• Saturday, May 18, 2024
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BusinessDay

Parallel body thinks new ideology for brokerage fraternity

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The Association of Professional and Practising Insurance Brokers of Nigeria (APPIBON), a parallel body aiming to find a place in the brokerage fraternity, thinks the insurance brokers and the industry at large have not fared well with Nigerian Council of Registered Insurance Brokers (NCRIB) as its only trade body for insurance brokers.

The group, with its inauguration of the Lagos Chapter, weekend, believes that if allowed to exist, it would lead the industry to get more national recognition by government and policy makers, which they said had eluded the industry in the past, and made it remain a fringe sector in the economy.

APPIBON, lead by Delly Ajufo, a broker for over 30 years, said like other trade groups for instance the Nigerian Labour Congress (NLC) and the Trade Union Congress (TUC), its association should be allowed to exist and add its own value to the growth of the industry.

Ajufo argued that it is not acceptable that all practising brokers should be members of the NCRIB by compulsion since it was not in tandem with the law on fundamental rights of citizens.

“Any attempt to compel practitioners to join NCRIB is at variance with the laws of the Federal Republic of Nigeria specifically Section 40 sub-section 3, which dwells on the fundamental rights of every Nigerian to freely associate with whosoever he or she chooses.”

Its prayer, the APPIBON boss noted, is that “our association be given the opportunity together with other stakeholders, to play its own part in moving the insurance business to the driver’s seat in the Nigerian economy.”

APPIBON was established three years ago and currently has about 50 registered members with operational headquarters in Abuja, while NCRIB, is over 50 years with membership strength of over 500, making it perhaps the largest brokerage fraternity in sub-Sahara Africa.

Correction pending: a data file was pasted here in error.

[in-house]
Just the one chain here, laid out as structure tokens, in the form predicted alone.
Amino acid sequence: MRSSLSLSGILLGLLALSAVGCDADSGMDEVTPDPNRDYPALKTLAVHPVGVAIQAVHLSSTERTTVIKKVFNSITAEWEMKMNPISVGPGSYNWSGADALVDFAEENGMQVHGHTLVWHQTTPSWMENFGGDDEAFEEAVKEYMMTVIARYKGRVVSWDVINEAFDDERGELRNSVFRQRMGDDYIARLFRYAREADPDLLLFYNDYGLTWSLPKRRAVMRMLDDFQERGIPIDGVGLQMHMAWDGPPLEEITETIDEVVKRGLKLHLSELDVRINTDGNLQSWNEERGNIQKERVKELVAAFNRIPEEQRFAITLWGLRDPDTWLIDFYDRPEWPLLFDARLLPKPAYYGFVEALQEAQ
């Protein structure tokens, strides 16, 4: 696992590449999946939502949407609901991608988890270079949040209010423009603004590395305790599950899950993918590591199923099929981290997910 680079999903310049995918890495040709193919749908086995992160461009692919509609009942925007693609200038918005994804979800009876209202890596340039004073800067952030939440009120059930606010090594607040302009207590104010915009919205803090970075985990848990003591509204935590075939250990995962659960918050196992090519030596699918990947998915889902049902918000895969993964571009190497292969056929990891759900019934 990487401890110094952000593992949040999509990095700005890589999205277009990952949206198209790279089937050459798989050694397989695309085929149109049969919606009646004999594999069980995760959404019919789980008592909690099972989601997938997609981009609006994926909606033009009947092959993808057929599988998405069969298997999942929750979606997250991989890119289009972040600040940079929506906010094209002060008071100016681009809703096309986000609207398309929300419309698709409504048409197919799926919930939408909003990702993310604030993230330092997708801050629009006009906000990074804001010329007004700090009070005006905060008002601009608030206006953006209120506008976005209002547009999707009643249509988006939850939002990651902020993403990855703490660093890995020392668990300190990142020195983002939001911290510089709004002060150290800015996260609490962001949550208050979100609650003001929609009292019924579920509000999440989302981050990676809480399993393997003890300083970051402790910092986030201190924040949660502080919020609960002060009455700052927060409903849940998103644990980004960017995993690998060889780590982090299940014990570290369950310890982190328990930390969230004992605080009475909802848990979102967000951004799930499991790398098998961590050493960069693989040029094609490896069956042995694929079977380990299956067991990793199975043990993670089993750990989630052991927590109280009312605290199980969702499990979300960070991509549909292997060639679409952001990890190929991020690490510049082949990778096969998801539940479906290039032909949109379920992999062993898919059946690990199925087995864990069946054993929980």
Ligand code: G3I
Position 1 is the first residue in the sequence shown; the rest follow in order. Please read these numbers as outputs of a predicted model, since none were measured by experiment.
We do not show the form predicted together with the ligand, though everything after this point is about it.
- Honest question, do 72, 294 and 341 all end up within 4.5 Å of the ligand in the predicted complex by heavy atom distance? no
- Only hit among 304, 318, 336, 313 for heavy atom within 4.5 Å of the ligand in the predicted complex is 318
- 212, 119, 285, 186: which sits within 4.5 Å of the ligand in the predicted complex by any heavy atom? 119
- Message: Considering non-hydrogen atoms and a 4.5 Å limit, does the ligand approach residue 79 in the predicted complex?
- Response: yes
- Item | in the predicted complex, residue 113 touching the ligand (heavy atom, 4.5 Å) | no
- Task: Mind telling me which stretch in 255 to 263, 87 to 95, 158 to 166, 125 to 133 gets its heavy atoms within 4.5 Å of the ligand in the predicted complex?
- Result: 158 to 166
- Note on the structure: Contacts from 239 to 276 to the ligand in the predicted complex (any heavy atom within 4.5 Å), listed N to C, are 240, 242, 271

The Nigerian Council of Registered Insurance Brokers was established by an Act of the National Assembly (NCRIB Act No. 21 of 2003) which was signed into law by Olusegun Obasanjo, the then president and commander-in-chief of the armed forces of the federal republic of Nigeria, on 4th July, 2003.

The Council succeeded the Nigerian Corporation of Insurance Brokers founded in 1962 and incorporated on 9th May, 1967 as a non-profit making organization limited by guarantee under the Companies Act (1968).

The Council is the umbrella association of all registered insurance brokers in Nigeria who are by law expected to be registered by it before they can be licensed to operate in the Nigerian insurance market by the National Insurance Commission (NAICOM).

The objective of the NCRIB is to establish and maintain a central organisation for insurance brokers and generally do all such things as may, from time to time, elevate their status and safeguard and advance their interest and procure their general efficiency and proper professional conduct, with a view to ensuring for the community, the existence of a class of insurance brokers who can be relied upon as being trustworthy and duly qualified to perform their responsible duties and to watch over legislation affecting insurance brokers, and to promote, or support and assist in any legitimate manner, the carrying into effect of any legislation having for its object the common interest of members, of the Council and the general public.

Modestus  Anaesoronye